Microsurgery: Transplantation and Replantation by Harry J. Buncke, MD, et al.
  Table of Contents / Epilogue
  4. Neuro-myovascular transplants: The feasibility of muscle transplantation with preservation of function has been demonstrated in animals by heart transplants controlled by various pacemakers. Microminiature vascular anastomoses should make such procedures applicable to skeletal muscles. Individual muscles will be transplanted on their principal nerve and vascular supply. Micro-biomechanical studies will be performed by exogenous and endogenous stimulation via buried insulated coaxial micro-electrodes which we have developed for this purpose.

5. Homozoografts: Human tissue from surgical specimens and post mortem examinations will be transplanted to primates by micro-miniature vascular anastomoses. In vivo storage of human tissue is the ultimate objective of this experiment. The availability of homograft material today depends entirely upon the timely death of a donor, since the transfer must be made within a few critical hours. Should homozoo storage be possible, specific human tissues could be available any time or place. It is even conceivable that such zootransfer of human tissue may favorably alter tolerance.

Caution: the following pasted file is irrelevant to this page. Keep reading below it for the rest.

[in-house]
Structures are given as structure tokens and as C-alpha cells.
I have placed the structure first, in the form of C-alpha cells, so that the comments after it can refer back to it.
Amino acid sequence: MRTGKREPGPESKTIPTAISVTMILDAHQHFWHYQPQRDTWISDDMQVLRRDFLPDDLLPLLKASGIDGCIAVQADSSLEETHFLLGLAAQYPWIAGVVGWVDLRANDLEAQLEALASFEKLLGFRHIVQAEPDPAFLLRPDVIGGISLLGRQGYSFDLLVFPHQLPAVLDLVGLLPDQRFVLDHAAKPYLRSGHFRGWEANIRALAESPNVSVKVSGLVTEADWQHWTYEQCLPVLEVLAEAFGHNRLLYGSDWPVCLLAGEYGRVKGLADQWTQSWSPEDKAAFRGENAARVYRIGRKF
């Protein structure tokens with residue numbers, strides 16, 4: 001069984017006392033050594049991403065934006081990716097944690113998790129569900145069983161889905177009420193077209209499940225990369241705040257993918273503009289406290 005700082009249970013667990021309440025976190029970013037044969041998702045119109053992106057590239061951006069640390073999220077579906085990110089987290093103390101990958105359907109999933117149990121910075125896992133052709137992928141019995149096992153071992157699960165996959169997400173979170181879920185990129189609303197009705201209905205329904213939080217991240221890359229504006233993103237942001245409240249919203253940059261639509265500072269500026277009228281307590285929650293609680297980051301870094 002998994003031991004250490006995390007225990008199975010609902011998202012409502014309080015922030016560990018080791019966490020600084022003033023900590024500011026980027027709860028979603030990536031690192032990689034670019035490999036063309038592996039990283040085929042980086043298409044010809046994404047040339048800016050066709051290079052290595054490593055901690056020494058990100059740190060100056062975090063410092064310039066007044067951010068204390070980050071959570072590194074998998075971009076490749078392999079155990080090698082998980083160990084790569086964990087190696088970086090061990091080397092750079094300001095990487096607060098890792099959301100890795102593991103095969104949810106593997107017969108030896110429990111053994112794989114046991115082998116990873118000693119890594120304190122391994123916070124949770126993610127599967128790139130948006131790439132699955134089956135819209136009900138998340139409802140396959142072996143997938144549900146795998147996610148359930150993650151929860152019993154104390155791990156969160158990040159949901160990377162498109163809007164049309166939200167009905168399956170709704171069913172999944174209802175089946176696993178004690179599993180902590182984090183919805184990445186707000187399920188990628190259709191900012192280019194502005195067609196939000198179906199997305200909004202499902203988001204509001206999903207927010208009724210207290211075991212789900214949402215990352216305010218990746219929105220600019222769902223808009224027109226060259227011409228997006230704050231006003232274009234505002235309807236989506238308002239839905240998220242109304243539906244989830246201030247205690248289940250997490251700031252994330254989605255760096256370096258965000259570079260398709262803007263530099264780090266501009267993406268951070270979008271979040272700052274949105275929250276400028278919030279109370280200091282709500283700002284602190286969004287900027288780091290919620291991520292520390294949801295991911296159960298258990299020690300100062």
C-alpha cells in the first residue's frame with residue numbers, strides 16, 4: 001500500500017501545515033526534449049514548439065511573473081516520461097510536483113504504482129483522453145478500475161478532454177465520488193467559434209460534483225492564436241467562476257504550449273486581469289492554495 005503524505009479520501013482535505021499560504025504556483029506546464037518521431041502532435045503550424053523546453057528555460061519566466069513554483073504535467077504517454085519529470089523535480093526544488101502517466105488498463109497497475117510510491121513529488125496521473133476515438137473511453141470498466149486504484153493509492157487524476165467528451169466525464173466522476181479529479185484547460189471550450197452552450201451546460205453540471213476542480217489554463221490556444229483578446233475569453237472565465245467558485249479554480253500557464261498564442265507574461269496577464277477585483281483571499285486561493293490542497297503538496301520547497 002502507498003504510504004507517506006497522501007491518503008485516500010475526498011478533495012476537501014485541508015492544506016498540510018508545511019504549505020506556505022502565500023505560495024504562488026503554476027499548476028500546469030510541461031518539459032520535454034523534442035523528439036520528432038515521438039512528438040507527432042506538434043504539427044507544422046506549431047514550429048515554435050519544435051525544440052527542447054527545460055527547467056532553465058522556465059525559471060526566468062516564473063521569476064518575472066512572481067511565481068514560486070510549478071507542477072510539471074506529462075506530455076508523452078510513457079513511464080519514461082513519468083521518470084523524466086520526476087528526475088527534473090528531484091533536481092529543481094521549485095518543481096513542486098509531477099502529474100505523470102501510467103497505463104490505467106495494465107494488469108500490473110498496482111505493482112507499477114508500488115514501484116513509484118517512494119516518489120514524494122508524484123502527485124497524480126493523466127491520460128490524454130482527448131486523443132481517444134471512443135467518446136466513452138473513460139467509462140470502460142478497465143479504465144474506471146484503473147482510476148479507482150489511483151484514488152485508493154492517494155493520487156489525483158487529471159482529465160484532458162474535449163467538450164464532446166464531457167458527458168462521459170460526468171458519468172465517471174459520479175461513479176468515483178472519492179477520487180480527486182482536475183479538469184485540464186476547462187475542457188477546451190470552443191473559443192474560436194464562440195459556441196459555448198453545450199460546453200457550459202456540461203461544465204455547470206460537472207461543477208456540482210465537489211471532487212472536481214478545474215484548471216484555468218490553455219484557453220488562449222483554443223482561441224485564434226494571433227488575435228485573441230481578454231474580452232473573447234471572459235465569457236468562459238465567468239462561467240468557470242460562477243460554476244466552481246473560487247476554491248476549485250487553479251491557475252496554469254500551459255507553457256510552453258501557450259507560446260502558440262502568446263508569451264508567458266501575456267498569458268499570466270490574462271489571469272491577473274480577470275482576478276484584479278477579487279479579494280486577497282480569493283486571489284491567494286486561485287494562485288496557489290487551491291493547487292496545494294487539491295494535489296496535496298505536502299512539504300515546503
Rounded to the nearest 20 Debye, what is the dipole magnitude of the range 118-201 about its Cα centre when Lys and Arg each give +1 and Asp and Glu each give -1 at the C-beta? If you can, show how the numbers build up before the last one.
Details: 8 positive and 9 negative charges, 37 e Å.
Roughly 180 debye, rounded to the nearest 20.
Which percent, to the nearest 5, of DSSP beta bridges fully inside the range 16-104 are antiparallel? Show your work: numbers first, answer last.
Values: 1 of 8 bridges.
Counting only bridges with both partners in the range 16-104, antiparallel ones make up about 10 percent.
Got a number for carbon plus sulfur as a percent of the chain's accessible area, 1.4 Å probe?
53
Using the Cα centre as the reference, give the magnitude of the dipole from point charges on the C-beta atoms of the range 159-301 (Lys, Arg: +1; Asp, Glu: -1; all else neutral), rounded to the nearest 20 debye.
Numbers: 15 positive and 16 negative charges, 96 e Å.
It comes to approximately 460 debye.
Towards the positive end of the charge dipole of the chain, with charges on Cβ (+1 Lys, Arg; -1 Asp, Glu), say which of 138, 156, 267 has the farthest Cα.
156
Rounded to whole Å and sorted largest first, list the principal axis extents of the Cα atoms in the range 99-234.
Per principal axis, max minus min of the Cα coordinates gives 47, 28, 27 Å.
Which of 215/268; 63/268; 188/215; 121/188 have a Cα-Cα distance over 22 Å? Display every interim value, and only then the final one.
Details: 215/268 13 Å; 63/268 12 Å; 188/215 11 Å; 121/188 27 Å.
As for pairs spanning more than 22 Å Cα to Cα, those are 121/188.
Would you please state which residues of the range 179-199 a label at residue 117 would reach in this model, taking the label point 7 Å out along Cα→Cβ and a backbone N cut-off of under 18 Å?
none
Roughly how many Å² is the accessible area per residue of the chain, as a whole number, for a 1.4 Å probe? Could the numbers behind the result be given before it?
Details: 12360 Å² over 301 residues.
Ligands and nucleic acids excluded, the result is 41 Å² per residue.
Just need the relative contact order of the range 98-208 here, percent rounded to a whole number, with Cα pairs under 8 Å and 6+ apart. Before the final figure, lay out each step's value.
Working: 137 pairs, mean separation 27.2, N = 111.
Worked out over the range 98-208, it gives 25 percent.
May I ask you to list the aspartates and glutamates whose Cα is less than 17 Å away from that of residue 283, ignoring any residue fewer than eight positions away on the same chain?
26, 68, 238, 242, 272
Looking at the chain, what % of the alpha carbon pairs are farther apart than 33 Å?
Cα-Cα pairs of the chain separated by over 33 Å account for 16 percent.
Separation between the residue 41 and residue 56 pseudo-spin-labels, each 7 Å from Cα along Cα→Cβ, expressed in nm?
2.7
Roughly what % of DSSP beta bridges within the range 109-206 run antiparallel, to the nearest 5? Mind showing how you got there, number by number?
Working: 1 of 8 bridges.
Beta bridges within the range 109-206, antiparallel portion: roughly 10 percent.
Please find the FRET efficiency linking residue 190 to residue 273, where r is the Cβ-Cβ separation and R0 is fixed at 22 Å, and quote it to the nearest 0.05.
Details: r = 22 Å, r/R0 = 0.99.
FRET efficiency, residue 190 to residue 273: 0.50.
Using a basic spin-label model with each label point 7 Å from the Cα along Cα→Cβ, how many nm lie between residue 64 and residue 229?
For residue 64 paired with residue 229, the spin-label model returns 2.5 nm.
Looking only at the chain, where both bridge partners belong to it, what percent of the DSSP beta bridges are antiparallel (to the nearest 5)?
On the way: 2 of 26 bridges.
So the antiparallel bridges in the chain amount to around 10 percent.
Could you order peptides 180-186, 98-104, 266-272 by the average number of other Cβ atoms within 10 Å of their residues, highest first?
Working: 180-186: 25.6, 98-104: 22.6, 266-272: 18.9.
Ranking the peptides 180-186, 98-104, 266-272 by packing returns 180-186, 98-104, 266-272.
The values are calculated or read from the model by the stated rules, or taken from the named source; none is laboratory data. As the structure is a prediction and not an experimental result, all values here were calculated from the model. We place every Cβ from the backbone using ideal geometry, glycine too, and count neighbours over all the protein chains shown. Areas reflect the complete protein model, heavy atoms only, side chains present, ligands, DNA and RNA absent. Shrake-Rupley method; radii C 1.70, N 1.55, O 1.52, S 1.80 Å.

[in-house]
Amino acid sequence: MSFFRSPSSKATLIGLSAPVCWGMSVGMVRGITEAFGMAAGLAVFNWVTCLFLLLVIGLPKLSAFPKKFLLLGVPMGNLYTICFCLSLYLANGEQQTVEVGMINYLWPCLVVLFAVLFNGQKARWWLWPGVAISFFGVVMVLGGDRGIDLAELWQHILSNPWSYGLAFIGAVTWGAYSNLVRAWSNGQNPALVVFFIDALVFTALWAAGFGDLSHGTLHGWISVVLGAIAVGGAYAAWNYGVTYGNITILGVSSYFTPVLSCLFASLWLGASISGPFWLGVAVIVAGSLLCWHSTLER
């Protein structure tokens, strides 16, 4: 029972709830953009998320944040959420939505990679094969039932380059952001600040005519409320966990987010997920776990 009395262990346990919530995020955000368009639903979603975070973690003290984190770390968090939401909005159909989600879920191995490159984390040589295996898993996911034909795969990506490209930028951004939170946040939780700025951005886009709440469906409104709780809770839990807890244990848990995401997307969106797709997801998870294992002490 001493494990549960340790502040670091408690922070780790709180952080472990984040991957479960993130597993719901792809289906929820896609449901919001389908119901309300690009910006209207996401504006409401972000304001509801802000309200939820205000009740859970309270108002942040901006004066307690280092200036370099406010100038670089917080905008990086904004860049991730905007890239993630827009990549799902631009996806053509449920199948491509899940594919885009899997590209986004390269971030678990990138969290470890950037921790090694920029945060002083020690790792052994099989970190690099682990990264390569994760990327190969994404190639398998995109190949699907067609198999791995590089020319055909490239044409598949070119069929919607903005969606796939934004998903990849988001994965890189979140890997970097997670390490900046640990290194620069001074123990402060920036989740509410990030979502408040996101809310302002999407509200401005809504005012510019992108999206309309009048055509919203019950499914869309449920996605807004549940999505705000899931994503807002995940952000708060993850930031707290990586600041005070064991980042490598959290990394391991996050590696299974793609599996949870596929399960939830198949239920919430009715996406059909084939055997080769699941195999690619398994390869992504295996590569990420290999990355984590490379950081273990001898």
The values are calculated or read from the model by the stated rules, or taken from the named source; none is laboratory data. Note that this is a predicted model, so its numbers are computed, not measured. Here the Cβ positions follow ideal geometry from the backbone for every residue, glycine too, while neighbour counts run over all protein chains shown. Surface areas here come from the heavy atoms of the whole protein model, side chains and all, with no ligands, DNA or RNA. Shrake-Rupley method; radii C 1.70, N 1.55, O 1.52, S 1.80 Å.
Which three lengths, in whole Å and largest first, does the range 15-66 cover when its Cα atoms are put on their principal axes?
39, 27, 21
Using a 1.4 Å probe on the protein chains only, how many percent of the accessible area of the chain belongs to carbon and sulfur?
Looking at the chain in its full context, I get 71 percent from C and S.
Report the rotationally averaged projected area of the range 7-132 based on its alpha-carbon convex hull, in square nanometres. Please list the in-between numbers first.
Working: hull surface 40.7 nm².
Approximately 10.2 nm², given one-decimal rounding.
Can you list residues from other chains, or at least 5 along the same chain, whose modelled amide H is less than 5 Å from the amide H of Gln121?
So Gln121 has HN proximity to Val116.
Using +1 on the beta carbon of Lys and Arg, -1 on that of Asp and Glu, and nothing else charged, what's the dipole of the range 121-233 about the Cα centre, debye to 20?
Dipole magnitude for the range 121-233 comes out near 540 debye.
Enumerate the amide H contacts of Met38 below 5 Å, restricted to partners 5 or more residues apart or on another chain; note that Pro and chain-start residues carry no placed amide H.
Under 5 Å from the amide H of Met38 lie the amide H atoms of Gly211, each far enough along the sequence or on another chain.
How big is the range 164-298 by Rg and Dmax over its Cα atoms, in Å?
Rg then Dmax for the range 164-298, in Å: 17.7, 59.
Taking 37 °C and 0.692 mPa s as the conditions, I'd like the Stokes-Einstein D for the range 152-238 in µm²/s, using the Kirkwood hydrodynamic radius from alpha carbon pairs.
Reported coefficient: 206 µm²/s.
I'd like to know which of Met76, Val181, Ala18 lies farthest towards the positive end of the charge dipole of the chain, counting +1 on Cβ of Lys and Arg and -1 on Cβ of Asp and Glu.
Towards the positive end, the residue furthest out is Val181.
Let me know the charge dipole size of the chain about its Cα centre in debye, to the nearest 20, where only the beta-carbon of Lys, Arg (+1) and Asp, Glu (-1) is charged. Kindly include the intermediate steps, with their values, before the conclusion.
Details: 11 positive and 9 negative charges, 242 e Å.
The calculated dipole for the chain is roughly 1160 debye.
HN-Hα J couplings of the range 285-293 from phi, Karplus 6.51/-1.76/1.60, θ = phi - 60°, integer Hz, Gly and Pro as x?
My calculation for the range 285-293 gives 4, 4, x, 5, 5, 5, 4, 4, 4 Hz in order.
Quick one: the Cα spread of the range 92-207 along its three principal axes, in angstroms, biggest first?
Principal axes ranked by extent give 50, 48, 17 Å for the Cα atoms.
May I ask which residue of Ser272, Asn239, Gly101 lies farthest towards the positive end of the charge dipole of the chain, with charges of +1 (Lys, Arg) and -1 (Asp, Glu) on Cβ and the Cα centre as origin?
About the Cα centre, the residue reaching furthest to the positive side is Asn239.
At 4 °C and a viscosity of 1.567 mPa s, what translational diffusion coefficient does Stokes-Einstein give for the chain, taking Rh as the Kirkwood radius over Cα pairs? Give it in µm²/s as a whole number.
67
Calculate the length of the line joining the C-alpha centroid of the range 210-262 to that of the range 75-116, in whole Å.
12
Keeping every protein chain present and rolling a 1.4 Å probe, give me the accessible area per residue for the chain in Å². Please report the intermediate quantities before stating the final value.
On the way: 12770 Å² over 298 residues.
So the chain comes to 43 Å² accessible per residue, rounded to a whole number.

Significance of this Research:

Our particular contribution this far has been to demonstrate in animals that composite tissue such as ears, fingers, and toes can be amputated and reimplanted or transplanted by the microminiature repair of vessels in the realm of 1 mm. The application of these techniques to the field of human replantation and transplantation has unlimited potential.


  From the British Journal of Plastic Surgery -

By HARRY J. BUNCKE, Jr., M.D. Clinical Instructor Surgery, Stanford University Medical School, Palo Alto, California and WERNER P. SCHULZ Klystron Group, Stanford Linear Accelerator Center, Stanford University Palo Alto, California

THE transplantation of tissue by the classical tube pedicle technique depends upon the development of an axial circulation in the tube which is then sustained by capillaries penetrating from the areas of inset. The ability of the body to re-establish its vascular network in this manner is indeed unique. However, such techniques are time-consuming and have changed but little since they were first described by the Branca brothers and Tagliacozzi (see Gnudi and Webster, 1951) almost 500 years ago.

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